Reactions to Lacson's expose

Published last September 16, 2009 at the op-ed section of the Manila Standard Today.

The gamut of reactions to Senator Panfilo Lacson’s recent exposé on the shenanigans of Joseph Ejercito Estrada during his short-lived stint as President of the Republic ranged from curiosity, to open-mouth incredulity, to disdain, to resignation, and of course, condemnation.

The problem with senatorial public confessions that come under the guise of a privilege speech delivered at the floor of the Senate is that they do not seem to serve any other purpose other than to attract media and public attention. The senator who is making the exposé cannot be held accountable for what he says during a privilege speech because of parliamentary immunity. As a result, quite a number of people think that privilege speeches often constitute unbridled abuse of parliamentary privilege. Thus, a lot of people can be forgiven for taking the content of privilege speeches with not just a grain, but perhaps bushels of salt.

There are those who wonder what Lacson’s motives for attacking—I mean exposing—Estrada now. There are those who think that Lacson’s exposé is an act of survival. The metaphor that some people are using to support this theory is that of a drowning man who is splashing around, clutching at anything and anyone around him, in the process dragging them down with him.

But someone who is familiar with how things work among people in the military offers a different theory. He thinks that Lacson’s recent exposé is a carefully calculated strategy that is part of larger scheme. The metaphor being used to illustrate this theory is that of a game of chess. Presumably, Lacson’s exposé is a gambit; either a subtle message or a clear threat being sent to certain powerful people who may have the means to pry Lacson out of the treacherous waters he is immersed in at the moment. If we are to believe the scuttlebutt, there are many other powerful people—businessmen, politicians, government officials—who are now sleepless in Metro Manila.

There are those who were honestly and sincerely shocked by Lacson’s revelations particularly of its damaging portrayal of Manuel V. Pangilinan as a devious, manipulative businessman guilty of unethical practices. Prior to Lacson’s exposé , Pangilinan has been largely seen as a knight in shining armor. In fact, there is a movement that is operating covertly and its mission is to convince Pangilinan to run for president in 2010.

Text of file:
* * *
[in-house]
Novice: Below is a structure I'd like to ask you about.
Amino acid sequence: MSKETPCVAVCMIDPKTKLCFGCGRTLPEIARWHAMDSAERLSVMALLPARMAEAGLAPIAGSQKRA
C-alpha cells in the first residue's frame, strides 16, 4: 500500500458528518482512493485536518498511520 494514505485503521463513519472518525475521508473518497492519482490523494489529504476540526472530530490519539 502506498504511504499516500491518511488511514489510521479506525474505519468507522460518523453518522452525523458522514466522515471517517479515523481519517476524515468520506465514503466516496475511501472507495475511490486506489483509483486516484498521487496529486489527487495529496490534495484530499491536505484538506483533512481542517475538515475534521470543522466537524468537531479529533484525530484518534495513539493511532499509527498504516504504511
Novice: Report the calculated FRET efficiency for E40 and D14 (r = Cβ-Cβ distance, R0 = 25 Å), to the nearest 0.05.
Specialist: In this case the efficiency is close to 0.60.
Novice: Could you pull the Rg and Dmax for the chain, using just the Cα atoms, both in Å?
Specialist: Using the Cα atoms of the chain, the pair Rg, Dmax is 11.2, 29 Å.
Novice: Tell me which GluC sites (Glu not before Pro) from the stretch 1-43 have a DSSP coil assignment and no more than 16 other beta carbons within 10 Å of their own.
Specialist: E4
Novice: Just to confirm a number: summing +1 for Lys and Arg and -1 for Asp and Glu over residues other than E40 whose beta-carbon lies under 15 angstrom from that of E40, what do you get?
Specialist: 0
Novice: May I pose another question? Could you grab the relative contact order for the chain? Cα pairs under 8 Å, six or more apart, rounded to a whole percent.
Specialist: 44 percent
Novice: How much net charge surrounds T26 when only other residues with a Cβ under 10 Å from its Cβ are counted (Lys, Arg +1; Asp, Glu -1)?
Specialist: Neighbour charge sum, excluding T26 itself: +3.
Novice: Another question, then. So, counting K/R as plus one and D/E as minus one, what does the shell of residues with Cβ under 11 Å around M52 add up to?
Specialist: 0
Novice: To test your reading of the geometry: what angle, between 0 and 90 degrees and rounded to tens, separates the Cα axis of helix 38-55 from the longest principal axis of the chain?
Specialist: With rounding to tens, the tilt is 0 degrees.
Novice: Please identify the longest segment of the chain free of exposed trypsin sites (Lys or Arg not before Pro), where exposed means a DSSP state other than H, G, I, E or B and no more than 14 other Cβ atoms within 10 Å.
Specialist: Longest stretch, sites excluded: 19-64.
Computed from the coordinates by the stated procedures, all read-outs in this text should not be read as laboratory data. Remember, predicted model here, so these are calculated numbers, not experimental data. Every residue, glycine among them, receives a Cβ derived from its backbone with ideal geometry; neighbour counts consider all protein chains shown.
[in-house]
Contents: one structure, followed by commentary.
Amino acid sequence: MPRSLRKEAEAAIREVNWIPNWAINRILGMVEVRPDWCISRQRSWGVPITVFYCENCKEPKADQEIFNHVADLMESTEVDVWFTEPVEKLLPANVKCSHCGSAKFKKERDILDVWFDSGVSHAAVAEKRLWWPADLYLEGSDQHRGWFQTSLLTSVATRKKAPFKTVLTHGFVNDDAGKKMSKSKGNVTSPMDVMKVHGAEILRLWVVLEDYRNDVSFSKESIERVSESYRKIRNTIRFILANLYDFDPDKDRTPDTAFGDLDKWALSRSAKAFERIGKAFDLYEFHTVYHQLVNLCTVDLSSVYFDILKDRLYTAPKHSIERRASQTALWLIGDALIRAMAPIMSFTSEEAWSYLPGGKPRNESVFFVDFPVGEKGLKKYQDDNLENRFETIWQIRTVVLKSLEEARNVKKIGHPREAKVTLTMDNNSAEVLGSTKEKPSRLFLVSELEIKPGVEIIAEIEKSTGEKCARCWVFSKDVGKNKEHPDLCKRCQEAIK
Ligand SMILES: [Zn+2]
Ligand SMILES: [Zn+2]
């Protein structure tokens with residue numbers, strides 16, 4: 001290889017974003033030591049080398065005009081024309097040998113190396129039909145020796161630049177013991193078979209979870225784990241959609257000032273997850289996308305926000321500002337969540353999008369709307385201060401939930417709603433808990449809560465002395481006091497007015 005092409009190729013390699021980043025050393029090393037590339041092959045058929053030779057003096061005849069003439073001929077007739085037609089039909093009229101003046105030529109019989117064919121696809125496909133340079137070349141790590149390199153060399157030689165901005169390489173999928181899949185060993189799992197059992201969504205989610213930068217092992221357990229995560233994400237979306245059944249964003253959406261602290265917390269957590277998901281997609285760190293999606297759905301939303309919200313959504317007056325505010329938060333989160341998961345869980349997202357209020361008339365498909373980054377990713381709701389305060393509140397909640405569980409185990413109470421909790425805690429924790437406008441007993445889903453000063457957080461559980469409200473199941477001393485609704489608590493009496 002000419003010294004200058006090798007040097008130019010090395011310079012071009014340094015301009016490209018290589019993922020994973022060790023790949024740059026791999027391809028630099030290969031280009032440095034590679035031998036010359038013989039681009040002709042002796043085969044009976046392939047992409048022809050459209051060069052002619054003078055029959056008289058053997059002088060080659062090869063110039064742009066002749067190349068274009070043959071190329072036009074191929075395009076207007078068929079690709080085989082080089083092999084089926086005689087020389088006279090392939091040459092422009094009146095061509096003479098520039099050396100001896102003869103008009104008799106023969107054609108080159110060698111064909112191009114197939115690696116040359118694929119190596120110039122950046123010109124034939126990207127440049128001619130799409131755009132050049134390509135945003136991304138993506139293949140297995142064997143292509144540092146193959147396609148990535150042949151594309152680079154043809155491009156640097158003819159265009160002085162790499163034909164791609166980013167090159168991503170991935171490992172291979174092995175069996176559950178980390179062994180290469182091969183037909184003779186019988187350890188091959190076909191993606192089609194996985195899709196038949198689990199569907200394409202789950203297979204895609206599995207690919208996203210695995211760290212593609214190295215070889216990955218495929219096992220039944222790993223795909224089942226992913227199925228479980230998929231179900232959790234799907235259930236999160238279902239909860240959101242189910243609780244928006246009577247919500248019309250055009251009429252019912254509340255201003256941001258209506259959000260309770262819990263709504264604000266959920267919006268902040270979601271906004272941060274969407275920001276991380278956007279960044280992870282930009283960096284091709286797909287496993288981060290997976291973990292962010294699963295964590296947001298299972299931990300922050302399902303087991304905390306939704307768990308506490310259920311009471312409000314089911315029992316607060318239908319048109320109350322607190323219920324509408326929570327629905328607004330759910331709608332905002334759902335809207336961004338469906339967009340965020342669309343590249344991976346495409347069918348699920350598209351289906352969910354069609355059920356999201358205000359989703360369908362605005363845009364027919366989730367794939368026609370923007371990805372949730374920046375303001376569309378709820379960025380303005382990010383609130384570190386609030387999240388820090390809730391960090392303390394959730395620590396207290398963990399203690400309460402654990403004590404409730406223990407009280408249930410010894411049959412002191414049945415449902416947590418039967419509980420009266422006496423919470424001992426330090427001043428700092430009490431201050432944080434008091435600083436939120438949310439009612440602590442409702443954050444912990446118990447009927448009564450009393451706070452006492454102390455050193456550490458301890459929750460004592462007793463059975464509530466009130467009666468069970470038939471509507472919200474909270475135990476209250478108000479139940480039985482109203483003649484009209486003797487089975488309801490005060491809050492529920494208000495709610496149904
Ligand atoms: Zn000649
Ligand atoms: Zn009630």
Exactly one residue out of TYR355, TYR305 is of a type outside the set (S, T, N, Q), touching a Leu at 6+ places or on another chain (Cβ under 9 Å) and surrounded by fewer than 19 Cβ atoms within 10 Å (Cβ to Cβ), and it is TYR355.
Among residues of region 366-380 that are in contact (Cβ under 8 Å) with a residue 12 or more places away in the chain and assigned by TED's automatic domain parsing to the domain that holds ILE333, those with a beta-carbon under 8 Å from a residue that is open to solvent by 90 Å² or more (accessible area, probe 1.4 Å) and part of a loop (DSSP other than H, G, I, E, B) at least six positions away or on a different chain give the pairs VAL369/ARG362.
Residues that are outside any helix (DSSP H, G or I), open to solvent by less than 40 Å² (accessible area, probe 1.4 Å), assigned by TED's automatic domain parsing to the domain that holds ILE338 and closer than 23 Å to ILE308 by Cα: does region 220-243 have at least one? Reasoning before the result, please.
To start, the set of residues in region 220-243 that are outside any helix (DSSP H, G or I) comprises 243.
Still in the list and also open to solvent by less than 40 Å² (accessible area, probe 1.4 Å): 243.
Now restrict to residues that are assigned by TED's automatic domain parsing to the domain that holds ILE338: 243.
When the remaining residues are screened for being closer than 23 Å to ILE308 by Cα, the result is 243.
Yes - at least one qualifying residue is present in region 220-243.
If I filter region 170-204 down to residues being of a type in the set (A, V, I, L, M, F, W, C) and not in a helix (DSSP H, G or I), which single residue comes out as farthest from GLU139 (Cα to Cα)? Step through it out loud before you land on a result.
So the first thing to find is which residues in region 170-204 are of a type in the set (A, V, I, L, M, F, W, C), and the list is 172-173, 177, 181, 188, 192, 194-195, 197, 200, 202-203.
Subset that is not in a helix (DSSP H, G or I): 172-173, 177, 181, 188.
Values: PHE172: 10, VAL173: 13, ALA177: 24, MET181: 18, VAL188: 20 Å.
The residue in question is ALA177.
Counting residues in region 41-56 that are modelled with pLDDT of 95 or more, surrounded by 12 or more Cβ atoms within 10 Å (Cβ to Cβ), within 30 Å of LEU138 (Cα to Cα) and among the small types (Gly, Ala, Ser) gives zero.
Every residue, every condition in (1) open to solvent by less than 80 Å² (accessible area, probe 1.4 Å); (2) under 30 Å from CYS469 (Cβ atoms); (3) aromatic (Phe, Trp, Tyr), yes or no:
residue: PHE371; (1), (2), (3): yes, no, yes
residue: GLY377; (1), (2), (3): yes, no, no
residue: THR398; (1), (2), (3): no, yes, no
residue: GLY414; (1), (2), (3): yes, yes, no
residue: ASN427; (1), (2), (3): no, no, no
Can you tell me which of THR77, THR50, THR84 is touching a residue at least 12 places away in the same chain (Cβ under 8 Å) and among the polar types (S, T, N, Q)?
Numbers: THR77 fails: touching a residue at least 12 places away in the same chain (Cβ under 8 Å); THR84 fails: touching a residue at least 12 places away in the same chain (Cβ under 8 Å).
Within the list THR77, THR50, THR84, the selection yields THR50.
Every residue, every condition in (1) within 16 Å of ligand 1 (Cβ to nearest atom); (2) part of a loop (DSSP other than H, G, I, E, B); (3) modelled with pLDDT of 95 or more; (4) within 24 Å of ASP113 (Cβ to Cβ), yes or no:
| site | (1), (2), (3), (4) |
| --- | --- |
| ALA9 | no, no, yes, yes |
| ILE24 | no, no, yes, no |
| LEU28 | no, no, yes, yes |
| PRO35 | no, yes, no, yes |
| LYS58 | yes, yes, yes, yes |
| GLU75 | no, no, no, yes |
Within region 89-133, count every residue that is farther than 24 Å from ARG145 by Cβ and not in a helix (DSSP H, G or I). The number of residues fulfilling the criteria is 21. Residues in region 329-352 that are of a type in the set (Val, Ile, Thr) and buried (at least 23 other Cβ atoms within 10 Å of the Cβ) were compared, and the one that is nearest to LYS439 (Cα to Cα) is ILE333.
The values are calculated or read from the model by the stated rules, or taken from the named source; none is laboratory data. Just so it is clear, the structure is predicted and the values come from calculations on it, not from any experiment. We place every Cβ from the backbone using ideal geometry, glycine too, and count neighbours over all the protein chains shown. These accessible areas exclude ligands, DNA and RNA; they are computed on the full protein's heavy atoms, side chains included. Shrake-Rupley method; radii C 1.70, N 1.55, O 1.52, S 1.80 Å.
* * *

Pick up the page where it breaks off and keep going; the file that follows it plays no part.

Lacson’s exposé unleashed once again speculative drivel regarding the real reason behind the Yuchengcos’ decision to let go of their business interest in the Philippine Long Distance Telephone Co. Given that PLDT is blue-chip company and given further that the Yuchengcos have never really been strapped for cash, the decision to sell to Pangilinan has been an enigma in the business community for many years now. There has also been a lot of speculation on the real cause of the family intramurals that led to the unceremonious exit of Alfonso Yuchengco III from the family’s main business enterprises around the time of the sale of the PLDT shares.

Lacson’s motives for the exposé are not the only ones certain quarters find questionable. The senator is also being put to task for the timing of his revelations—almost a decade since the alleged shenanigans happened! Why only now? Why didn’t he speak up during the Estrada impeachment trial, or during the Estrada’s trial at the Sandiganbayan? Lacson’s justification that Estrada was still his boss at the time does not really count in his favor and only serves to reinforce the notion that he was involved in and benefited from the tomfoolery. As can be expected, there are a lot of people out there who scorn Lacson’s attempt to fashion himself as a hero.